1  
How about showing a bit of PHP code? I'm not entirely sure I understand what you try to do. –  simbabque Jun 8 '12 at 13:25
3  
it is a very important concept of OOP, I fully expect Perl to handle it somehow. it is but so are getter/setter methods, as @pilcrow mentions, one can use tied hashes to achieve your desired syntax, but that doesn't make it OOP, the fact that Perl CAN in fact meet this demand is a credit to Perl's flexibility; still you should examine why you want to force incorrect usage to work correctly. –  Joel Berger Jun 10 '12 at 3:33
2  
Why are you blessing the Hash ref, when you are only using it as a Hash ref? See perlobj and perlootut for more details. –  Brad Gilbert Jun 10 '12 at 15:13
1  
@DigitalMan, I see your edit which has been rolled back. Go ahead and ignore me. If you are such an expert, by all means do whatever you want. I only took umbrage at your tone. Perl provides tools to overload hash key access. Other users should not attempt this but should follow standard OO protocols, since they allow for proper inheritance and avoid cognitive dissonance. I don't think I'm God, far from it; however your tone didn't engender a productive discussion. –  Joel Berger Jun 10 '12 at 15:50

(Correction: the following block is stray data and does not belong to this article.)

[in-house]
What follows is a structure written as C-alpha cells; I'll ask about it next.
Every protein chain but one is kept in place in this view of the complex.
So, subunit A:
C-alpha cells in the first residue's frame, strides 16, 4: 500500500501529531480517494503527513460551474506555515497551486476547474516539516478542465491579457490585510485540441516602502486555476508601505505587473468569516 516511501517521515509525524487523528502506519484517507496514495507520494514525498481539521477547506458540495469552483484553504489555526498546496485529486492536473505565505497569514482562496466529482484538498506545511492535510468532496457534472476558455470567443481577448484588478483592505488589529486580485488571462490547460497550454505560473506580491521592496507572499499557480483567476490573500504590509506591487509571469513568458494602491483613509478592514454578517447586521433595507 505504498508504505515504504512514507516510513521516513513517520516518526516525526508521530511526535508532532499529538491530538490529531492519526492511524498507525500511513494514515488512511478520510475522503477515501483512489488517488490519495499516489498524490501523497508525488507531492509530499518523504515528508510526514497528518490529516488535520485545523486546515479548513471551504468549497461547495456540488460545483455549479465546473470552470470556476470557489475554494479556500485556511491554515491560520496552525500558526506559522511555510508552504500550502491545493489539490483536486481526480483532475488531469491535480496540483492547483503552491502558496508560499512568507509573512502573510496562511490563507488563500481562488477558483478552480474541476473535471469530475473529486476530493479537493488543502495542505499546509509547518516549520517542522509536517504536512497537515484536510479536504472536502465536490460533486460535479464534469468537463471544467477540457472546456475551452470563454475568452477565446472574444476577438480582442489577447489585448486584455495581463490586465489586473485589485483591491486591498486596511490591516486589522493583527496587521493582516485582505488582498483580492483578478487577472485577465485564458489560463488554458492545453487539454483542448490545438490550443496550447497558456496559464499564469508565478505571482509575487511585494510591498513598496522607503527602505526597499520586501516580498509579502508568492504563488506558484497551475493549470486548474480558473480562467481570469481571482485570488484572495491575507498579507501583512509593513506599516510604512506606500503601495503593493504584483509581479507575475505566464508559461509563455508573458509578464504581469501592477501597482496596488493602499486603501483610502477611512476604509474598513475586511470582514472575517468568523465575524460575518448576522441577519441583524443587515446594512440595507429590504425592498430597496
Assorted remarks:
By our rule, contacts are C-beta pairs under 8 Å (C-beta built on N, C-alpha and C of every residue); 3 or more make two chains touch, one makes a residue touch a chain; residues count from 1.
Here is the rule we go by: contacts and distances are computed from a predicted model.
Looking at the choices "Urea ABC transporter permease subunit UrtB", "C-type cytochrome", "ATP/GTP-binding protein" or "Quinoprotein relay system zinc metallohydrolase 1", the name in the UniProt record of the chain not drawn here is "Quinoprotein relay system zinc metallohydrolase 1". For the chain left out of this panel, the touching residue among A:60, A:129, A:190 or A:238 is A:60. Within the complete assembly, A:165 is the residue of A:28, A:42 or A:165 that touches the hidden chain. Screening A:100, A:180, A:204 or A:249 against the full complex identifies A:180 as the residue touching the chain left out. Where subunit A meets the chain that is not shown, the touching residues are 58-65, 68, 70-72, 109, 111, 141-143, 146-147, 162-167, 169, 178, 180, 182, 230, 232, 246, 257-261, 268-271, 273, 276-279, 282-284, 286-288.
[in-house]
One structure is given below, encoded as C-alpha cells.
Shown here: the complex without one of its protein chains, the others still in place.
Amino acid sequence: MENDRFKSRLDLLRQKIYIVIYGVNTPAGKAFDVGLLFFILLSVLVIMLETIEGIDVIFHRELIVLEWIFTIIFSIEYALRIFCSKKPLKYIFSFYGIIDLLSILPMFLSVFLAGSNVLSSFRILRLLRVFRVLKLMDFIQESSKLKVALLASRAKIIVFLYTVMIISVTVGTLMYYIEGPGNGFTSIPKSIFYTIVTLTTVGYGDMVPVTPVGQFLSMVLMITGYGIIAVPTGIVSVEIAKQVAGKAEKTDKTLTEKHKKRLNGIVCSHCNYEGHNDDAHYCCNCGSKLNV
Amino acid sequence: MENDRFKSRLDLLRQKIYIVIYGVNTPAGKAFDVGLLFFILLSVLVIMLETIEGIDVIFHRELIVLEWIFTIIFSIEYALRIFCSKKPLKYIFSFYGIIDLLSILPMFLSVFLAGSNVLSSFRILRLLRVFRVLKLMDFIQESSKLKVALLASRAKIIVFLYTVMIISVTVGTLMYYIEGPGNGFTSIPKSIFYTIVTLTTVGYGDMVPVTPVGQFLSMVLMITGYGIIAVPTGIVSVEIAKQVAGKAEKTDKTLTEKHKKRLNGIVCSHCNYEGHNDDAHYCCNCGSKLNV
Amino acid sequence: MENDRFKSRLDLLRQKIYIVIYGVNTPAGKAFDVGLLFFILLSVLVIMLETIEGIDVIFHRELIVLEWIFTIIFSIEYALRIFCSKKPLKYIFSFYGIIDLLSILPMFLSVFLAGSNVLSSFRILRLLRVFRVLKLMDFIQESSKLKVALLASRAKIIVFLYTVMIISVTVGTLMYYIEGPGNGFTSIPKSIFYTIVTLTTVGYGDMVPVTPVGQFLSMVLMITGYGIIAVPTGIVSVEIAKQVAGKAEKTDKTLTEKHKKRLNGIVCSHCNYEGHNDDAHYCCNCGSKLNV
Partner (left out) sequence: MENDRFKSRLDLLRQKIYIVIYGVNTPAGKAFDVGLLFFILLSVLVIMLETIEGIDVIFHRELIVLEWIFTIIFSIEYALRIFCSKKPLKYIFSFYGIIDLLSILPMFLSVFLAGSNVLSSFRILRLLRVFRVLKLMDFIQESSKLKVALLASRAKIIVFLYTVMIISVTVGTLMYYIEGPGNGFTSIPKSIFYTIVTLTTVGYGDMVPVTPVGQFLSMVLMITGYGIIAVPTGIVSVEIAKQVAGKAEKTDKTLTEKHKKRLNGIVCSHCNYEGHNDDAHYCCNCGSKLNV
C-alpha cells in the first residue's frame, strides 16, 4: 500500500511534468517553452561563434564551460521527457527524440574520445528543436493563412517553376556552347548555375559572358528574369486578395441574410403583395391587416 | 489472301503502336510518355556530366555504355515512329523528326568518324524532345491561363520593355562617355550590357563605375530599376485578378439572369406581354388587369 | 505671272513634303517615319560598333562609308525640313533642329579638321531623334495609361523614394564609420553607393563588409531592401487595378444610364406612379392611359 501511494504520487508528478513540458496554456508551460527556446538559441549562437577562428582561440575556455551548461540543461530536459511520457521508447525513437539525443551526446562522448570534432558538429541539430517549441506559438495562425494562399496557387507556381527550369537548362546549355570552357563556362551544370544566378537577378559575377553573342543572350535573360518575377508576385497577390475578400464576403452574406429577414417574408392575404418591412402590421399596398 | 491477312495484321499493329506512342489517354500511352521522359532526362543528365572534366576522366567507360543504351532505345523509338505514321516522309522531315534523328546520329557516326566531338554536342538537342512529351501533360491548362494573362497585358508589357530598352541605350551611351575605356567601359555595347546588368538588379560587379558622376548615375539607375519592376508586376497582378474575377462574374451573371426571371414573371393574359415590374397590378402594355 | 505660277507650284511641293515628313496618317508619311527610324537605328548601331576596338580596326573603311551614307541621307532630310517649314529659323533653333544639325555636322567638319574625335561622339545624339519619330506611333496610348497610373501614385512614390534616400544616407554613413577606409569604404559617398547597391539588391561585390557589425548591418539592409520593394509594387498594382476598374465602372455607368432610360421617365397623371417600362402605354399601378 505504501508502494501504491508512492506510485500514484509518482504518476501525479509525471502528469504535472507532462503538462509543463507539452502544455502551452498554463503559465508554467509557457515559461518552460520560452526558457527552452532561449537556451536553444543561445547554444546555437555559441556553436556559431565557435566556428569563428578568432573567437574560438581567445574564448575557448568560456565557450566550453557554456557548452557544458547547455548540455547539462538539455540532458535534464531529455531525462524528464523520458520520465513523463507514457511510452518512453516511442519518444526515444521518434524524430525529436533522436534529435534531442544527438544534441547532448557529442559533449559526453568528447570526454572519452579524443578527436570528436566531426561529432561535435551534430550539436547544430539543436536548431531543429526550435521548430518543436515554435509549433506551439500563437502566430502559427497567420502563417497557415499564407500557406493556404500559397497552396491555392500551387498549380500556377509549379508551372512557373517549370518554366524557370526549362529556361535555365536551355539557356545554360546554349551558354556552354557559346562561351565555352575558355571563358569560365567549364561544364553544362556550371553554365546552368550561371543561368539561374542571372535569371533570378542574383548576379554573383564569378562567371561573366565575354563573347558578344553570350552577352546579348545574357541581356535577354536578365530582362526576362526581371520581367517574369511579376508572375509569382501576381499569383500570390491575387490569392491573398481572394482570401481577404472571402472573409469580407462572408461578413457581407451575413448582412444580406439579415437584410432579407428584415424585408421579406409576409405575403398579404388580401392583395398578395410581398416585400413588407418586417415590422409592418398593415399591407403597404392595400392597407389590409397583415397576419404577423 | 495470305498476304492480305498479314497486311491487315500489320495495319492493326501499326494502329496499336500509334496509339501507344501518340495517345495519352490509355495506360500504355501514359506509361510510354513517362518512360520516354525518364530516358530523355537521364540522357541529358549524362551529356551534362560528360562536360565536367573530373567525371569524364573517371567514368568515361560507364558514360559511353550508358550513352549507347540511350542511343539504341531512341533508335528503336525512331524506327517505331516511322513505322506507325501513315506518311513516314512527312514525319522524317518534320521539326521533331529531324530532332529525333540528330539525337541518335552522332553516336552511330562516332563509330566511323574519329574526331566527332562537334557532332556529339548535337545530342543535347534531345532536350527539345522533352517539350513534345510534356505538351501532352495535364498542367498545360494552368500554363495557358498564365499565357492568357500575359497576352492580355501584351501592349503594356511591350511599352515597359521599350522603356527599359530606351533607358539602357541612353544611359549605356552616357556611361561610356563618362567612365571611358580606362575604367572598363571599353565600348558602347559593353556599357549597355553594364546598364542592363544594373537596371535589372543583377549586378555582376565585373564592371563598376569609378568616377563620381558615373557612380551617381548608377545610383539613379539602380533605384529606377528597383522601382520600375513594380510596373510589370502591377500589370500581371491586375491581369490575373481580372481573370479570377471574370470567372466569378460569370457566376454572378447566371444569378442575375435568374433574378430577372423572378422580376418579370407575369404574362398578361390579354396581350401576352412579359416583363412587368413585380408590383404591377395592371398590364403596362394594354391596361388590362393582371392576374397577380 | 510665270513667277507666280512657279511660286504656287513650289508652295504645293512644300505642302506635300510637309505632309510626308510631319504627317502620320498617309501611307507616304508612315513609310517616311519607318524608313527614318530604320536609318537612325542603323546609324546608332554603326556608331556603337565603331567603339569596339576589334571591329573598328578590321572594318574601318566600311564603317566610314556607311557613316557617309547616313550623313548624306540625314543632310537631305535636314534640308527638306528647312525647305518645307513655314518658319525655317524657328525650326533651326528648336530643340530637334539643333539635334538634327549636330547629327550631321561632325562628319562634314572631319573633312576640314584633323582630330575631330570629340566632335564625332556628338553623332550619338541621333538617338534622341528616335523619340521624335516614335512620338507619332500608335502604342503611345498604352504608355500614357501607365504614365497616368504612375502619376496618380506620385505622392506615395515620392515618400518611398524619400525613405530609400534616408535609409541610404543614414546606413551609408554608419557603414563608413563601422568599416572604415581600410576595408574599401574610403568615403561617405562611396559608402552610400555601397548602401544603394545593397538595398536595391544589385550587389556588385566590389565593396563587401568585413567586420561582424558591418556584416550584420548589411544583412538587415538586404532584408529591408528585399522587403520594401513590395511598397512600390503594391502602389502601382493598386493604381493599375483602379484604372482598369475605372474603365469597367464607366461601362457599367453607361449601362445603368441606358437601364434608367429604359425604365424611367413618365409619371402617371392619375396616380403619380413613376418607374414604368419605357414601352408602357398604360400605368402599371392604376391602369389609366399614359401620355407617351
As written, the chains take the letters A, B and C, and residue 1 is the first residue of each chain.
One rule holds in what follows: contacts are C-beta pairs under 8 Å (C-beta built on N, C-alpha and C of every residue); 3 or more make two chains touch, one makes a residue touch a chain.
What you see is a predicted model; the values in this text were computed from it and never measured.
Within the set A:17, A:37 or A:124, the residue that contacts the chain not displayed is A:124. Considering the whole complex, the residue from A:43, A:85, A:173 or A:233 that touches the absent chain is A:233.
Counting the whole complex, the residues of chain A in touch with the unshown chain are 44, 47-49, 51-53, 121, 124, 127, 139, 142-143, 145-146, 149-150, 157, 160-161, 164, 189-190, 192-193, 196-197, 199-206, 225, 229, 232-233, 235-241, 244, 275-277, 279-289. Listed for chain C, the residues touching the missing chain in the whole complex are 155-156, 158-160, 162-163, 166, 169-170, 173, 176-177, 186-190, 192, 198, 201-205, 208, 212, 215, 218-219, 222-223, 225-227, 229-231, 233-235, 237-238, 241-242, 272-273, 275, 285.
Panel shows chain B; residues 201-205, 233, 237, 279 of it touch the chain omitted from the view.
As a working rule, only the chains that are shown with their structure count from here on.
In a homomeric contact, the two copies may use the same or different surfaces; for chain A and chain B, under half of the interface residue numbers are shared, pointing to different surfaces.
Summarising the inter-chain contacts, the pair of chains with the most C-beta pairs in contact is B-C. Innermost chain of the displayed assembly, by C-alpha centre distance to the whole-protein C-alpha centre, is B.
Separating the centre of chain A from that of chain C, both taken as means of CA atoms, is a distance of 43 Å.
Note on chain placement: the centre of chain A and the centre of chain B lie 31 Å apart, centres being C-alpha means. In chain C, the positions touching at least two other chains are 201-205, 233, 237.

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4 Answers

Update to the update

(I am receiving anonymous downvotes, presumably for abetting your misguided approach. :) )

Just to be clear, the question you pose is an "XY Problem", specifically an artifact of the mistaken translation of OO technique from PHP to Perl. For example, as mentioned passim in this question, object properties in perl generally should not be implemented as directly accessed hash(ref) elements. That's the wrong "X".